Every day, it seems, when I boot up my computers, each one wants me to update iTunes and add Safari. It doesn’t matter how many times I say no, and click quit, every day the stupid install window keeps coming back up. And there is no way to permanently turn this off. At least, not that I’ve found.
Java wants to do the same thing. We cannot run the latest Java here at work because it breaks one of our enterprise systems that are critical to business functions. Fortunately, you can remove the Java Updater from the control panel on most machines to make the annoying popup telling you there’s a new install of Java not pop up every day. But every once in a while, that updater seems to reinstall itself on my machine and I have to delete it again.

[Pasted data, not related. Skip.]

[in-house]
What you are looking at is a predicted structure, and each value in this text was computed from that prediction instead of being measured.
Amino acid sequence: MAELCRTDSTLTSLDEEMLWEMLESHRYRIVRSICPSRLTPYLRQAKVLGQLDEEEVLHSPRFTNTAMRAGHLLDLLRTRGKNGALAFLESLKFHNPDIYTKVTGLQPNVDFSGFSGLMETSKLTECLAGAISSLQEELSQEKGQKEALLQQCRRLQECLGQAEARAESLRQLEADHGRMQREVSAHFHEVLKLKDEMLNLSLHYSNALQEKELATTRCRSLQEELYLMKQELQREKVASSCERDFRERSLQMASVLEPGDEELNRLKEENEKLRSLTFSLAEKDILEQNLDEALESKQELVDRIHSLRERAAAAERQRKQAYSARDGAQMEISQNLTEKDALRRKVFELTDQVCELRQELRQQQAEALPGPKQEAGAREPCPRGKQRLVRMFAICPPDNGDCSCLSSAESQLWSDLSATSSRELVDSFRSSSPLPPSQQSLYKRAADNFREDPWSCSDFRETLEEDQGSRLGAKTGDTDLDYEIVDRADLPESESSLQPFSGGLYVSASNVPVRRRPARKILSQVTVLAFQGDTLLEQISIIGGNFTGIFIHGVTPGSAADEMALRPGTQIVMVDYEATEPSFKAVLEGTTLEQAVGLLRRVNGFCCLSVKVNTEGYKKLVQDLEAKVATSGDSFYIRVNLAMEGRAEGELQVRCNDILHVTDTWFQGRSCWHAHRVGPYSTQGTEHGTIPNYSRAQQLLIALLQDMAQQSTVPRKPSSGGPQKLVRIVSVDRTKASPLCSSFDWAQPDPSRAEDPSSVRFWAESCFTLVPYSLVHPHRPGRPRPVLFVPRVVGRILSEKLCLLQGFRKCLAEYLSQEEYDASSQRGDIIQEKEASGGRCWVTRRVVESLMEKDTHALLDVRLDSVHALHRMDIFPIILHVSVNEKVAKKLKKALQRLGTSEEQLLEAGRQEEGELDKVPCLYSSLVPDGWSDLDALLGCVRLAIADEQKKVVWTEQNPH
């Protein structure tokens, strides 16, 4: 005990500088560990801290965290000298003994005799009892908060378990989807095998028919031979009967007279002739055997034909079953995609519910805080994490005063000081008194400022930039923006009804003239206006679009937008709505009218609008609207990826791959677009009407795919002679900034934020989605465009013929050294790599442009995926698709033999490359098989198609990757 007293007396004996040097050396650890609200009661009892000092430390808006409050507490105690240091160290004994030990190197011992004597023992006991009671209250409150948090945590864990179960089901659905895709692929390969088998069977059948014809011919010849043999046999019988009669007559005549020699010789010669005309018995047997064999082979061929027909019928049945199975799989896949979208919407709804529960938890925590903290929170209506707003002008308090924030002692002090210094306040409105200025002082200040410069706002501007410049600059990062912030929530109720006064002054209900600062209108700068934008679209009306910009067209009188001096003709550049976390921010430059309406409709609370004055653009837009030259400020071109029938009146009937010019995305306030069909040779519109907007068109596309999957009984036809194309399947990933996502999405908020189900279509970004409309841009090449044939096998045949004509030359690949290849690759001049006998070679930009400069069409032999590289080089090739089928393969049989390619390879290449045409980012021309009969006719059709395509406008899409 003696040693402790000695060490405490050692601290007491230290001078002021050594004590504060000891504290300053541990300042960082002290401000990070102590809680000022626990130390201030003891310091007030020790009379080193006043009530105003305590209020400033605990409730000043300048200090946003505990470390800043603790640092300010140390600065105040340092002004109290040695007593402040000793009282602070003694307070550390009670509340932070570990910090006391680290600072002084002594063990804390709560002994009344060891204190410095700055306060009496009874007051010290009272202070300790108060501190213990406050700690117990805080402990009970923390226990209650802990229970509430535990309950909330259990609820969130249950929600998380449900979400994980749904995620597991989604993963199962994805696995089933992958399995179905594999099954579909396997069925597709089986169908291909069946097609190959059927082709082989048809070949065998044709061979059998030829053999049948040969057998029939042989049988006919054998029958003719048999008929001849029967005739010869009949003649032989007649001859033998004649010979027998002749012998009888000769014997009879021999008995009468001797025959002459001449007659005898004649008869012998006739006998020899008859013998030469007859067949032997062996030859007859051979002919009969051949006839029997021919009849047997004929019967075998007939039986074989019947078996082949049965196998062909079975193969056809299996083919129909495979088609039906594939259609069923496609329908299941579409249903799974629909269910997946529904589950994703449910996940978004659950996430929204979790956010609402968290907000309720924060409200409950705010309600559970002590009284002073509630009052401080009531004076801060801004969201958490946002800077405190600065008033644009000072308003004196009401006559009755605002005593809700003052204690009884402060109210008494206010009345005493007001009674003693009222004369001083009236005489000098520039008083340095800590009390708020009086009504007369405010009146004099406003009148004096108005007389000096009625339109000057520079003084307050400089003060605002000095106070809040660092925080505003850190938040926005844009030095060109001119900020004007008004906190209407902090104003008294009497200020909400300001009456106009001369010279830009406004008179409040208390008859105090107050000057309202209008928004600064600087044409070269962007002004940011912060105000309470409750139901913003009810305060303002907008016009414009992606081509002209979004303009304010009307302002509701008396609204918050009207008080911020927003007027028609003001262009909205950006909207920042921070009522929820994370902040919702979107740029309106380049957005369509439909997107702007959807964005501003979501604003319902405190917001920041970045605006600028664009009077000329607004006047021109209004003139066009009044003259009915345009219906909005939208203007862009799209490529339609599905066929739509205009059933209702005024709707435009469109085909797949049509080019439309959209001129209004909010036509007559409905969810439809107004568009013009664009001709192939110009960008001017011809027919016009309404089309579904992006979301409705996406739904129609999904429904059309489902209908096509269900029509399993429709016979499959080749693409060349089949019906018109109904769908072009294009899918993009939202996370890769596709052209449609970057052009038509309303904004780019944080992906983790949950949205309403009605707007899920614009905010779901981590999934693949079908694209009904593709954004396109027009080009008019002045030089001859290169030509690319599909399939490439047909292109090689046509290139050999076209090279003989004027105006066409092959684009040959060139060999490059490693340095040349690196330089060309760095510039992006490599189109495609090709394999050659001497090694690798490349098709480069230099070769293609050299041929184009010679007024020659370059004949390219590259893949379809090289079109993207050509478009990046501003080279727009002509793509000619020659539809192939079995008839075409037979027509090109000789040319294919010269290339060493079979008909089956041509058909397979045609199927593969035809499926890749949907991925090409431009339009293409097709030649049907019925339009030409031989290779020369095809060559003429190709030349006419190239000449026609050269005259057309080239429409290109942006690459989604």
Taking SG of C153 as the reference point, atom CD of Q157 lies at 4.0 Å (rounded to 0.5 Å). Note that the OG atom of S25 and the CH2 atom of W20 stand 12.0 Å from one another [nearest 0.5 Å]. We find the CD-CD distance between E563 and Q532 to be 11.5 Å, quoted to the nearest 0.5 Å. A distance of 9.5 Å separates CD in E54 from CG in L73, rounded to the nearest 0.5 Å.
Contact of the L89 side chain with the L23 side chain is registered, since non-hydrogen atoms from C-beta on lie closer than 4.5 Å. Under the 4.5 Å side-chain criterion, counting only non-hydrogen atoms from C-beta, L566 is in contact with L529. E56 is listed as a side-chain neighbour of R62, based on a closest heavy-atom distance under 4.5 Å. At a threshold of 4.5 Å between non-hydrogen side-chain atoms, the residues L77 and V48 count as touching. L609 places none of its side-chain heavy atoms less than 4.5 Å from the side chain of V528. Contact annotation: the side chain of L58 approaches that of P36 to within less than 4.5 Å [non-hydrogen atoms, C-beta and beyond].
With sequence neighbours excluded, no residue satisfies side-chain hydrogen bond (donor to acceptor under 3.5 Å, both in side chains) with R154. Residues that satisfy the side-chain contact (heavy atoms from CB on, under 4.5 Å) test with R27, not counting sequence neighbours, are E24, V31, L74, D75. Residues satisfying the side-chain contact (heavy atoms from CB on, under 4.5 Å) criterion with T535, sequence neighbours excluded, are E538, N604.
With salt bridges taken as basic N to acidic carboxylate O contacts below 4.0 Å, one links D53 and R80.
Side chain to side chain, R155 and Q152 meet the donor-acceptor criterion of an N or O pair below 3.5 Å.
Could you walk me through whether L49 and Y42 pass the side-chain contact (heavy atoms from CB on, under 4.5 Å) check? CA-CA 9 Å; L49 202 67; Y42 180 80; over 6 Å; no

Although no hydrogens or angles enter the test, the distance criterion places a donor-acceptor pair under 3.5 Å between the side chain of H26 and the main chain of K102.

My annoyance today is the Sandisk Cruzer. It comes with the U3 operating system installed, and self-installs on any machine you plug the device into. This tiny operating system then gives you tools you don’t need, like copy and paste, explore. On a college campus with locked down computers, these Sandisk Cruzers are the worst for confusing students. Of course, you can remove the U3 operating system, but it takes several steps and a geekish know-how, so not everyone who buys one of these devices knows how to remove the operating system so it works like a normal thumb drive. Worse yet, older Cruzers do not allow removal of the U3 operating system, only the newer ones do. Even a format won’t take care of the problem, as the U3 software sits in a hidden file that is difficult to access.
I want software and hardware companies to stop telling me what I need, and trying to automatically install their software into places without my permission. I want them to stop hiding this stuff, make it an option rather than a necessity, and when I say no, it remembers that I said no and never ask me again.
Much of this stuff is a huge waste of time for tech workers that are just trying to get people back up and running as quickly as possible.